• Its mental hold on the object is such that we do not forget about the object. “Not forgetting” does not just mean when someone asks us, we can remember what the instructions for the practice are or that our object of focus is like this or like that. It means as soon as we have tied our mind to the focal object, we immediately mentally hold it without the slightest distraction of mental wandering. If our attention wanders off even the slightest, we have lost our mindfulness. So after placing our attention on a focal object and generating the thought that I have tied my mind to this object like this, then with a state of mind that does not discursively (verbally) think anything new, cultivating a continuity of unbroken strength of this is the way to entrust ourselves to mindfulness. Entrusting ourselves to being mindful, then, is like entrusting ourselves to our doctor or to our spiritual teacher. We only entrust ourselves to a doctor or a spiritual teacher when we are confident that the person is fully qualified. Likewise, we only entrust ourselves to mindfulness, when our state of mind fulfills the qualifications for being in fact a state of mindfulness.
  • Its function is to not let our mind get distracted to some other focal object. More fully, mindfulness prevents our attention from forgetting about or losing the object of focus; it holds our attention on this object with endurance; and it maintains continuity of familiarity with this object.

Mindfulness Meditation

When practicing to attain a stilled and settled state of mind, shamatha, the object of focus in the meditation remains constant, for instance when focusing on a visualized Buddha. In mindfulness practice, however, as taught in modern Western society, the object is the ever-changing present moment of the ever-changing objects of our mental or physical cognition. This is more in line with the Theravada presentation of mindfulness, in terms of its object, and in accord with Vasubandhu’s Vaibhashika presentation that mindfulness accompanies all moments of cognition. The object, however, is not, as Vasubandhu and Asanga specify in their Chittamatra texts, something that we have previously become familiar with, such as the physical appearance of a Buddha. Rather, we try to focus on what we are experiencing in each moment – the physical sensation, the thought, the emotion, or the feeling. But, as Asanga qualifies, we focus on them with accuracy and decisiveness.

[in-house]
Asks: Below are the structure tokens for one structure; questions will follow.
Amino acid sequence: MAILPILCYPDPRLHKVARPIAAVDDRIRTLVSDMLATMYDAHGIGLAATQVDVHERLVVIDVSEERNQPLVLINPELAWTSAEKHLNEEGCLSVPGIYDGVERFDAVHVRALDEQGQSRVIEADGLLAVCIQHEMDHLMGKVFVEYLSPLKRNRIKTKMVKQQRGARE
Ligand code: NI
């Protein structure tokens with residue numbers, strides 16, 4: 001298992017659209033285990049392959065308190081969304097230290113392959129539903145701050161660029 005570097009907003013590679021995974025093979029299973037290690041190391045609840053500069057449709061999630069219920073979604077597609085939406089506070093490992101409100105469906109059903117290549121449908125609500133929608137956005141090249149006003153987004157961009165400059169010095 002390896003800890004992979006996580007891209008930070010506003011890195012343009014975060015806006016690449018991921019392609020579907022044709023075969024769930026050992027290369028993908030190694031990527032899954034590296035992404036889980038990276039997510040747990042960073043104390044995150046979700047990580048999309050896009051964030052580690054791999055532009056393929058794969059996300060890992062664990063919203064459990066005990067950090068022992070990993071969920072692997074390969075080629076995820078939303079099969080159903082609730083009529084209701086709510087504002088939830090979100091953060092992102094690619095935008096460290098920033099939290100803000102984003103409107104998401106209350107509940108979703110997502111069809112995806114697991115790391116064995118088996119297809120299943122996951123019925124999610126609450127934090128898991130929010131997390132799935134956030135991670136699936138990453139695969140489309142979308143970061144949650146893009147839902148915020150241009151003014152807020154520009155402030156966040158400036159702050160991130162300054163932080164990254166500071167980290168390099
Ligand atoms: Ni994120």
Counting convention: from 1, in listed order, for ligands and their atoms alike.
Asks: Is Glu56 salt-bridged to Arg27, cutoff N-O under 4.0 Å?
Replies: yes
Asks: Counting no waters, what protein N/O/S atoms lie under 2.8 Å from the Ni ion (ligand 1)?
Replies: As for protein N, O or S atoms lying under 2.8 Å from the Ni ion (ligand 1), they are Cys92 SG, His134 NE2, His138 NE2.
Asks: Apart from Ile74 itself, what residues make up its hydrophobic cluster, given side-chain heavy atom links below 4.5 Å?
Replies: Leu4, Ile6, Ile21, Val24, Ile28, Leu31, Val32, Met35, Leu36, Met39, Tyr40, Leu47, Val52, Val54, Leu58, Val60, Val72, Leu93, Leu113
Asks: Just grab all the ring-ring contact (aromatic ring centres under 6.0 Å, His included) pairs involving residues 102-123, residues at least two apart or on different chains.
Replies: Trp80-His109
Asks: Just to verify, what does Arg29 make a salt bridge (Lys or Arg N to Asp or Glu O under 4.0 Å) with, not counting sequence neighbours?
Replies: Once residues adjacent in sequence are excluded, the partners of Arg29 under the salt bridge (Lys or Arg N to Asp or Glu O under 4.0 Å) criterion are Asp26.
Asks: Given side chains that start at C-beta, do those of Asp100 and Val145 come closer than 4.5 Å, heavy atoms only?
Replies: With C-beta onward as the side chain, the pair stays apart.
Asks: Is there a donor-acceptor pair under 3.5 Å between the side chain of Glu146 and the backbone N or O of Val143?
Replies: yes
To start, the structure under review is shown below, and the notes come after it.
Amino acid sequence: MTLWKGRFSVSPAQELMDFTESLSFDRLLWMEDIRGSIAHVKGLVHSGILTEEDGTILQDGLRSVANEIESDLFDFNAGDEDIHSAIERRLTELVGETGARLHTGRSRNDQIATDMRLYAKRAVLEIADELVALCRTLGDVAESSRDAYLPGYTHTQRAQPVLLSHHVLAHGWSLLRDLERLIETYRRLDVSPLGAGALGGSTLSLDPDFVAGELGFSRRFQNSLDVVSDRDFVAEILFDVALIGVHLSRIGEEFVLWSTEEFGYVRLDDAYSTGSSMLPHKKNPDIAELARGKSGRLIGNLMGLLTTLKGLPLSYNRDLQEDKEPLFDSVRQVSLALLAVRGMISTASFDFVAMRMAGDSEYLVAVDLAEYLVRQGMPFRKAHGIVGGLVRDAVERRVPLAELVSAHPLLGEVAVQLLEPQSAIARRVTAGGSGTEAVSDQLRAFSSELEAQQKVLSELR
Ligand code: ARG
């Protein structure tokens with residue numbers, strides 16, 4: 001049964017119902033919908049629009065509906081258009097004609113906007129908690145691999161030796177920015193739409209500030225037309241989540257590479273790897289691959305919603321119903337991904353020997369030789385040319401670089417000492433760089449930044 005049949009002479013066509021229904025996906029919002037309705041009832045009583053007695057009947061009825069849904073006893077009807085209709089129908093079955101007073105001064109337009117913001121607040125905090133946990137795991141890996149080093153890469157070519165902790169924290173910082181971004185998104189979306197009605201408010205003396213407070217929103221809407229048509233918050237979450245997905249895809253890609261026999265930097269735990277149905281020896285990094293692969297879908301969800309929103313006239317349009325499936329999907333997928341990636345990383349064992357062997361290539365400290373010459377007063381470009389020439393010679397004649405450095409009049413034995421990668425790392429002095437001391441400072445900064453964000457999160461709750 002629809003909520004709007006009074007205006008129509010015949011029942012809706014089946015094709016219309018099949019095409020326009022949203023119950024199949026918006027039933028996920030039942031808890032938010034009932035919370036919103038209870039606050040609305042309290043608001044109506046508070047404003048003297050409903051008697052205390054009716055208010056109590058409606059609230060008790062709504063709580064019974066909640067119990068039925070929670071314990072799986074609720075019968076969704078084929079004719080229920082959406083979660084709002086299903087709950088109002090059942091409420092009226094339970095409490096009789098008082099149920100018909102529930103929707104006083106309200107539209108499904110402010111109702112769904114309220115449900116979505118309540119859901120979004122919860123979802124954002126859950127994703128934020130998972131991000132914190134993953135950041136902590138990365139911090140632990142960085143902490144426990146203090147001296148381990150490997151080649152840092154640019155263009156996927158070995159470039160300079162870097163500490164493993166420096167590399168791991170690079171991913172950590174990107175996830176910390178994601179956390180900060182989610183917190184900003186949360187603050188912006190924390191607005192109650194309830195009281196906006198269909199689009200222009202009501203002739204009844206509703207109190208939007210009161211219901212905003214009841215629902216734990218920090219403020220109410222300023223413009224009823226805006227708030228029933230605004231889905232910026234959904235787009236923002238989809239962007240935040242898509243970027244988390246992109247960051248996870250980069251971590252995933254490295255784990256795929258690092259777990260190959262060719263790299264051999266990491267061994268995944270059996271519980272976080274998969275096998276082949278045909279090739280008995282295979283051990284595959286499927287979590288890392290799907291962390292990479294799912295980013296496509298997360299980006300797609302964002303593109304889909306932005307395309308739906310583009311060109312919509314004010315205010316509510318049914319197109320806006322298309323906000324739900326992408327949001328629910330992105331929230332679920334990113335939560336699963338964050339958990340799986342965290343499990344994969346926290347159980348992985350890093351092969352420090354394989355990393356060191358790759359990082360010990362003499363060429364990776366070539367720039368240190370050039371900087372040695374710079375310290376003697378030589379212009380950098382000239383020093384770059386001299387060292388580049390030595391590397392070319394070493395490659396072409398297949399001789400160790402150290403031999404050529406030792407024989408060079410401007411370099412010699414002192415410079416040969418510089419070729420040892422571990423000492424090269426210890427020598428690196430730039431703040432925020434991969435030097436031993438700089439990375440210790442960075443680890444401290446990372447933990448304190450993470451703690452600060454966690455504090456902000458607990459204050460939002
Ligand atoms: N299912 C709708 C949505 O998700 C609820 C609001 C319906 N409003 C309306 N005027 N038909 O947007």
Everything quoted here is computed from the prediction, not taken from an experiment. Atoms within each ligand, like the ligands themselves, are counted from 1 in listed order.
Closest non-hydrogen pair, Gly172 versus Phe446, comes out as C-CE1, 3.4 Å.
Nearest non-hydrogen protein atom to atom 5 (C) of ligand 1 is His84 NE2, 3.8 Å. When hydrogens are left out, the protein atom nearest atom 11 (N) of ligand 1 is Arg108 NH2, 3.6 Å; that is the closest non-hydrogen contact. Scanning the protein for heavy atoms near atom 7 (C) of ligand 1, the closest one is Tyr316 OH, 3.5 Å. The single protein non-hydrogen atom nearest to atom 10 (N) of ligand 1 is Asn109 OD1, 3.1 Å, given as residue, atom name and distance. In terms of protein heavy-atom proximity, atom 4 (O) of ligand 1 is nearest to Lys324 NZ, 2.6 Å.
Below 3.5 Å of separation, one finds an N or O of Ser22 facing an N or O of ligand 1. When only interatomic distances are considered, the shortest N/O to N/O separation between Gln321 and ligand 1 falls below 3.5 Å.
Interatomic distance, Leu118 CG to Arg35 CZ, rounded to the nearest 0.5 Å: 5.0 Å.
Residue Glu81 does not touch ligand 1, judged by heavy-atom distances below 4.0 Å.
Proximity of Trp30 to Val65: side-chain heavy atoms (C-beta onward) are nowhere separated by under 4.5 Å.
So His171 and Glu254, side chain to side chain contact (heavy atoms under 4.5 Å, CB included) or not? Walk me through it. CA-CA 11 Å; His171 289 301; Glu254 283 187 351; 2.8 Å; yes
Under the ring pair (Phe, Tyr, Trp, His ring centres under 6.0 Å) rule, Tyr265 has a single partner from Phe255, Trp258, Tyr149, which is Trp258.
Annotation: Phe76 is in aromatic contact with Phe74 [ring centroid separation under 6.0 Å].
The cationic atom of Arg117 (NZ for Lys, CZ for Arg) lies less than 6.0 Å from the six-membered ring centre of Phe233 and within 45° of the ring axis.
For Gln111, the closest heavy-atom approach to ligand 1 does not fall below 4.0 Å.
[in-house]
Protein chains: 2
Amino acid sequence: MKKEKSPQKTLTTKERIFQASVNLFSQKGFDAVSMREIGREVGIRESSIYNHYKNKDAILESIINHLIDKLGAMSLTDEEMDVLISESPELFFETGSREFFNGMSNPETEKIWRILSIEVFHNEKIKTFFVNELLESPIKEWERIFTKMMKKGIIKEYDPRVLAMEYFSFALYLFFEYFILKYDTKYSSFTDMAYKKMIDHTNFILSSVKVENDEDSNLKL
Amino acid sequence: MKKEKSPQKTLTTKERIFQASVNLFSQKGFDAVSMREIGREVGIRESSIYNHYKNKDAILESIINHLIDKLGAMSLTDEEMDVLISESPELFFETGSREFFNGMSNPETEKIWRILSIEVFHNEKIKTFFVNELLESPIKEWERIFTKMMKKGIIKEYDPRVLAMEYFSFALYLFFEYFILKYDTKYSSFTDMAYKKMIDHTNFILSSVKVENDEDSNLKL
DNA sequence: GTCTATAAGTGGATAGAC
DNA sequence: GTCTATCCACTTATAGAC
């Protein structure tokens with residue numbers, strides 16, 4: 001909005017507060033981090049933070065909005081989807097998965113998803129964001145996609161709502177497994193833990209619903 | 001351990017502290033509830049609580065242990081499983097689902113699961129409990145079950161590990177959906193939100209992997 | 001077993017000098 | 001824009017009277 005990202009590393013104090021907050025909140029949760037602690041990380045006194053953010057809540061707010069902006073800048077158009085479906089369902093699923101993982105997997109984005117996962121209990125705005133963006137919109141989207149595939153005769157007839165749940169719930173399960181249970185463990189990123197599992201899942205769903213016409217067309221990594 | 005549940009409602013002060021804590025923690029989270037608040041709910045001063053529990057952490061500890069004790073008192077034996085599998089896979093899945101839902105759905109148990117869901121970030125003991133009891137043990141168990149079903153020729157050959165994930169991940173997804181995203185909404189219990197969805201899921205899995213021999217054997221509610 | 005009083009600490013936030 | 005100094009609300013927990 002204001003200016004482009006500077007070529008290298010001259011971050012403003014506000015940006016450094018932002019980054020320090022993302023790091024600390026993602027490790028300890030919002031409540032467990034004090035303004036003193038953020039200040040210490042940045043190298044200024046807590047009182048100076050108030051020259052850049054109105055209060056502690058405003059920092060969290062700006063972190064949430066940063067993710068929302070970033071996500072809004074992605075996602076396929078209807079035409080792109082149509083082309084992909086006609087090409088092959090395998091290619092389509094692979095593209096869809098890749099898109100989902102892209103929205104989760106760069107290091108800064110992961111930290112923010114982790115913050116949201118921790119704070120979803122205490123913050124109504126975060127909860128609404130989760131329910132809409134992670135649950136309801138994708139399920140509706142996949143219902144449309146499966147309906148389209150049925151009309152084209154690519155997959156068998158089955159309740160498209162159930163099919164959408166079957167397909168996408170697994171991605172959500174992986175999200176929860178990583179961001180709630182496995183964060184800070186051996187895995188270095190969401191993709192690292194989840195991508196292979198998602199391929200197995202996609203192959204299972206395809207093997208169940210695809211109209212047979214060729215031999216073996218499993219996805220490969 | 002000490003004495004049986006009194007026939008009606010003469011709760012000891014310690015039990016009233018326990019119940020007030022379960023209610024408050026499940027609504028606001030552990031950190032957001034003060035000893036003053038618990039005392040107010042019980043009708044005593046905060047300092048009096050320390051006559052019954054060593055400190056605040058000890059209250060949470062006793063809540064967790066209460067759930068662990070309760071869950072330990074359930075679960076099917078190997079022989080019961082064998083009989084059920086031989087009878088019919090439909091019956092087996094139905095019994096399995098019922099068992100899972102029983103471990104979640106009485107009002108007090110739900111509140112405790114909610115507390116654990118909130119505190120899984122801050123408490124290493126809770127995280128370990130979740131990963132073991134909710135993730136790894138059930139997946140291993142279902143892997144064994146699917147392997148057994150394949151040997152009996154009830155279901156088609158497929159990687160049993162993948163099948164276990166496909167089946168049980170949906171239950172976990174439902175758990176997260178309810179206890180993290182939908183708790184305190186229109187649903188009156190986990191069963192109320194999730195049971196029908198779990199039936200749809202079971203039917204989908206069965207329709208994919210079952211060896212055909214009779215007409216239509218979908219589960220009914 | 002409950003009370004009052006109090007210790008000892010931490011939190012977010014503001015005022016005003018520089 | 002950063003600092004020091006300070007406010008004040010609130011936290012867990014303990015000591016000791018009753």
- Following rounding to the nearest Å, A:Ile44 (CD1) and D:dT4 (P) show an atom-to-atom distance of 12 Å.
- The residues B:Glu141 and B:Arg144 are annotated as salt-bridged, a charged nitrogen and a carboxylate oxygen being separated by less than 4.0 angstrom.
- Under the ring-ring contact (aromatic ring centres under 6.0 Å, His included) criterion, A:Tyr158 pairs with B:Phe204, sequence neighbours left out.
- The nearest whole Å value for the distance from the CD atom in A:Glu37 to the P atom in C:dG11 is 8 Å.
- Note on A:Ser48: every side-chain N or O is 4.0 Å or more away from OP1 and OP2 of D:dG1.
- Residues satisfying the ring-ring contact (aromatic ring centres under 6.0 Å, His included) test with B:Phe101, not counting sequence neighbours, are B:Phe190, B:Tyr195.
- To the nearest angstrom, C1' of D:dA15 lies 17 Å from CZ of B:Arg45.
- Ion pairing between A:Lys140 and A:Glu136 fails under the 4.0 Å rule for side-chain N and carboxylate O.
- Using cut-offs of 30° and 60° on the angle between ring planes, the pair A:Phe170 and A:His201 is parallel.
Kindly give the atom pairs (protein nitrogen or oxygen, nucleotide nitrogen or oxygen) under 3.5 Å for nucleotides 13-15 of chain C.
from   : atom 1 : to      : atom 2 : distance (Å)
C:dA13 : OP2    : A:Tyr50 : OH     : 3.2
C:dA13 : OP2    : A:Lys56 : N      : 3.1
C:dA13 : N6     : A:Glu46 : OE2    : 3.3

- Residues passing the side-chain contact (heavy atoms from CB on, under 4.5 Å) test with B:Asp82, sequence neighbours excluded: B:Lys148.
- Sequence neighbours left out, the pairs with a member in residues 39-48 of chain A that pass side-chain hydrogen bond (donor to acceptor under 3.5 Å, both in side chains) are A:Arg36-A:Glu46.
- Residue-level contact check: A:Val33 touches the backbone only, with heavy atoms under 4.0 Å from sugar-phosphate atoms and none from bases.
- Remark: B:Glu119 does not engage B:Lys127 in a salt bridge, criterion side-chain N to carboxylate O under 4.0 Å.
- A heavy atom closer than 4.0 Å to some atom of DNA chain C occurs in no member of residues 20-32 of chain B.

The state of mindfulness of the present moment that we try to develop is actually a blend of several mental factors specified in the Buddhist analysis of the mind. The main ones employed are mindfulness (dran-pa, Skt. smrti) itself, alertness (shes-bzhin, Skt. samprajanya) and caring concern (bag-yod, Skt. apramada, caring attitude). In order to practice mindfulness more effectively, it is helpful to identify each of these factors so that if any are deficient in strength, we can adjust them.

Mindfulness

Mindfulness itself, the so-called “mental glue,” needs to be accompanied by two further mental factors: distinguishing (‘du-shes, Skt samjna, recognition) and consideration (yid-la byed-pa, Skt. manasikara, taking to mind).

“Distinguishing” focuses on the characteristic features of the various components that make up each moment of our experience. It singles these out from everything else. For instance, distinguishing singles out the physical sensation of pain from other physical sensations we are simultaneously experiencing, such as the temperature of the room we are in. Correct consideration takes the object accurately for what it is – pain is simply a physical sensation, nothing more and nothing less.

With mindfulness accompanied by distinguishing and correct consideration, we try to remain focused on the contents of the ever-changing present moment. We try to do that without losing the contents of the present moment as our object of focus by becoming distracted. Distraction often occurs because we are thinking about what we have experienced in prior moments or what we might experience in future moments. We then lose sight of the fact that these thoughts of the past or the future are merely what are occurring now. We stop distinguishing them as merely the content of our present moment of experience, and become absorbed instead into their “story-line.” Consequently, we have lost our object of focus due to distraction by these thoughts. If, however, we are successful in maintaining an undistracted state of mind, we have achieved stable mindfulness that does not forget about its object of focus. In this way, mindfulness functions as the mental glue to hold our attention on the ever-changing present moment of our experience.